Is a move to a 6-day workweek ‘tone-deaf’? Survey says some companies may try it

Samsung made headlines recently when it announced a mandatory six-day workweek for its executives, a move it said would improve its financial performance. It is one of several large, global companies, mostly in Asia, that have announced a move to six-day weeks for some employees.

But would a six-day workweek fly at U.S. employers?

A small survey of about 800 business leaders by Resume Builder revealed a surprising response, with 9% saying their company does plan to institute a six-day workweek for some employees in 2025.

“It really goes against every trend. It seems to be very tone-deaf, in a world where people are demanding more work-life balance and more customizing of the way they work. So that’s why this is kind of puzzling,” said Resume Builder career coach Stacie Haller.

One in six of the survey respondents said they think full-time employees should work more than 40 hours a week, and those advocating for a six-day workweek said it would increase both revenue and productivity.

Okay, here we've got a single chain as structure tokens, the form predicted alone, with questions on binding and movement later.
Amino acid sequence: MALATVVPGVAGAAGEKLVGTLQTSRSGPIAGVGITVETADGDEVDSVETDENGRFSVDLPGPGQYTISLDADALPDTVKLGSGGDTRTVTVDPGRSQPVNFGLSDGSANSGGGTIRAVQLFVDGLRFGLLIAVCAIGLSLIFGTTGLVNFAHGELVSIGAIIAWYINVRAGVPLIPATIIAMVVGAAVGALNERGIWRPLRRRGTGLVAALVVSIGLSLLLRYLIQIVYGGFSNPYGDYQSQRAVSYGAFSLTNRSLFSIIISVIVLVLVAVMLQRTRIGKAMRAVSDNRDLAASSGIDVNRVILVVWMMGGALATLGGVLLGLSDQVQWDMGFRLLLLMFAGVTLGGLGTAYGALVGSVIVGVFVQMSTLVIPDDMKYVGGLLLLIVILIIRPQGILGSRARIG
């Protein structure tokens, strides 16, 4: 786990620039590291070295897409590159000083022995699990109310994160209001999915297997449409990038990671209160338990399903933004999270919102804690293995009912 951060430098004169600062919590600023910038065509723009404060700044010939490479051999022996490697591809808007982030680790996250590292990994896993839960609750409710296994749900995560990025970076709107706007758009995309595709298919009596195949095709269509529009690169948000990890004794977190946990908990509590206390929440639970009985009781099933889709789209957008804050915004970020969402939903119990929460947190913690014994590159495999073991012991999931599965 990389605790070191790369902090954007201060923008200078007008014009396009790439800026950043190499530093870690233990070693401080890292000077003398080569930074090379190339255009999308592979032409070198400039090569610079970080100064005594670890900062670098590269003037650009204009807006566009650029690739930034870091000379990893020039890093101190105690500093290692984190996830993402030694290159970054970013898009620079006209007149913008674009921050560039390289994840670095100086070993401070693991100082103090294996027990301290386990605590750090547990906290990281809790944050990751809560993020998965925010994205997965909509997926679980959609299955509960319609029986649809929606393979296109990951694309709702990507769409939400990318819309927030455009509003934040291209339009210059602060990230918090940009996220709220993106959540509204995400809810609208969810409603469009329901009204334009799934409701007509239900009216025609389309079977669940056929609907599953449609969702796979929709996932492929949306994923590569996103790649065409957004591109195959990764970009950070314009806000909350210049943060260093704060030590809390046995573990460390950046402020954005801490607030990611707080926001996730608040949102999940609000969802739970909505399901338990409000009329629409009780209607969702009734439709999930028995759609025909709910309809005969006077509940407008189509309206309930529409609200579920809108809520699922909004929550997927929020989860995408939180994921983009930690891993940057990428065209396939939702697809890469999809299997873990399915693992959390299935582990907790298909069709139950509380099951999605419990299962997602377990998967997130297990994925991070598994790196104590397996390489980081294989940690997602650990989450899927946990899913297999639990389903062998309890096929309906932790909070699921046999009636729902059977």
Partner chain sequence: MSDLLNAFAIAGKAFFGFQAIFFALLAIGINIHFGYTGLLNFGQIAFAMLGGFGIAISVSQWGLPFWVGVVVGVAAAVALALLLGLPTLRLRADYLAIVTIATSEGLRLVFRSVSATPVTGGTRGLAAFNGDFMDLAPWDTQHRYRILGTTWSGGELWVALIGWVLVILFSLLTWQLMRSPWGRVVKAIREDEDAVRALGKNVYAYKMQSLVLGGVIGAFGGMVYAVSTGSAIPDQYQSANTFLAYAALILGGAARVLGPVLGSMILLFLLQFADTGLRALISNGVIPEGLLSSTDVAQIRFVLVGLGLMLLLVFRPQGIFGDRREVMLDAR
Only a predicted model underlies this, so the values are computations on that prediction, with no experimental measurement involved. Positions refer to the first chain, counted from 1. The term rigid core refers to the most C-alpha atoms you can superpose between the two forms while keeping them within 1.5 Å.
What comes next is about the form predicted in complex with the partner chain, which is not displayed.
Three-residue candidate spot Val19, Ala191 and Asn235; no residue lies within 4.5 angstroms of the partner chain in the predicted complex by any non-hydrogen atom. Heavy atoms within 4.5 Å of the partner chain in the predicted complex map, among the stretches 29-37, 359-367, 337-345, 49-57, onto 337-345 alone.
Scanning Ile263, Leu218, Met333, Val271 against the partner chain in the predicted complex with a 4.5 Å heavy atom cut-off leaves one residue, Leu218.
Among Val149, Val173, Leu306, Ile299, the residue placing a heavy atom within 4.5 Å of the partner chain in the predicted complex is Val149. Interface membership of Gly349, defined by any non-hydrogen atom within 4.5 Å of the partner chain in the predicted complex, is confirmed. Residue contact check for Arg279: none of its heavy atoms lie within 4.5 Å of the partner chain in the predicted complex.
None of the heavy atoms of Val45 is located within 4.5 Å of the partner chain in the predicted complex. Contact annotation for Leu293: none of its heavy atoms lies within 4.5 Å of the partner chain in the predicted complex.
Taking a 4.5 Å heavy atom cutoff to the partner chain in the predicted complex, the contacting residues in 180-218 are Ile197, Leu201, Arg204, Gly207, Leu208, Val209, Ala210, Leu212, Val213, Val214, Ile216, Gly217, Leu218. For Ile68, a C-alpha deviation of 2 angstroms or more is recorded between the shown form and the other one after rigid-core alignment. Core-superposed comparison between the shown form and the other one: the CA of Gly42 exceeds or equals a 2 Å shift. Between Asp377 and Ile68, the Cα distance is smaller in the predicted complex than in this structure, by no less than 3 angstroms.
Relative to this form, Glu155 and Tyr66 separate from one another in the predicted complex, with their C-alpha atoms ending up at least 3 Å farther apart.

While the survey is small, it found those considering a six-day workweek are typically large international organizations or companies heavily involved in global business.

Haller said, regardless of the size of a company, or type of industry, a mandatory six-day workweek would backfire in the U.S.

“I guarantee they are going to have turnover and retention issues,” she said. “And, quite frankly in my many, many years of being a job search coach, a head hunter and a recruiter, I can very easily say never once has anybody ever told me they were looking for a job to spend more hours on.”

The vast majority of those surveyed, 79%, said five days is the ideal workweek, and 11% advocated for a four-day workweek. But five days doesn’t necessarily mean 40 hours.

Of those business leaders responding, 20% advocated for a 32-hour week, 61% supported a traditional 40-hour workweek, 12% endorsed a 48-hour workweek, and 4% suggested full-time employees should be willing to work more than 48 hours a week.

Resume Builder’s full survey results, methodology and commentary is available online.

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Jeff Clabaugh

Jeff Clabaugh has spent 20 years covering the Washington region's economy and financial markets for WTOP as part of a partnership with the Washington Business Journal, and officially joined the WTOP newsroom staff in January 2016.

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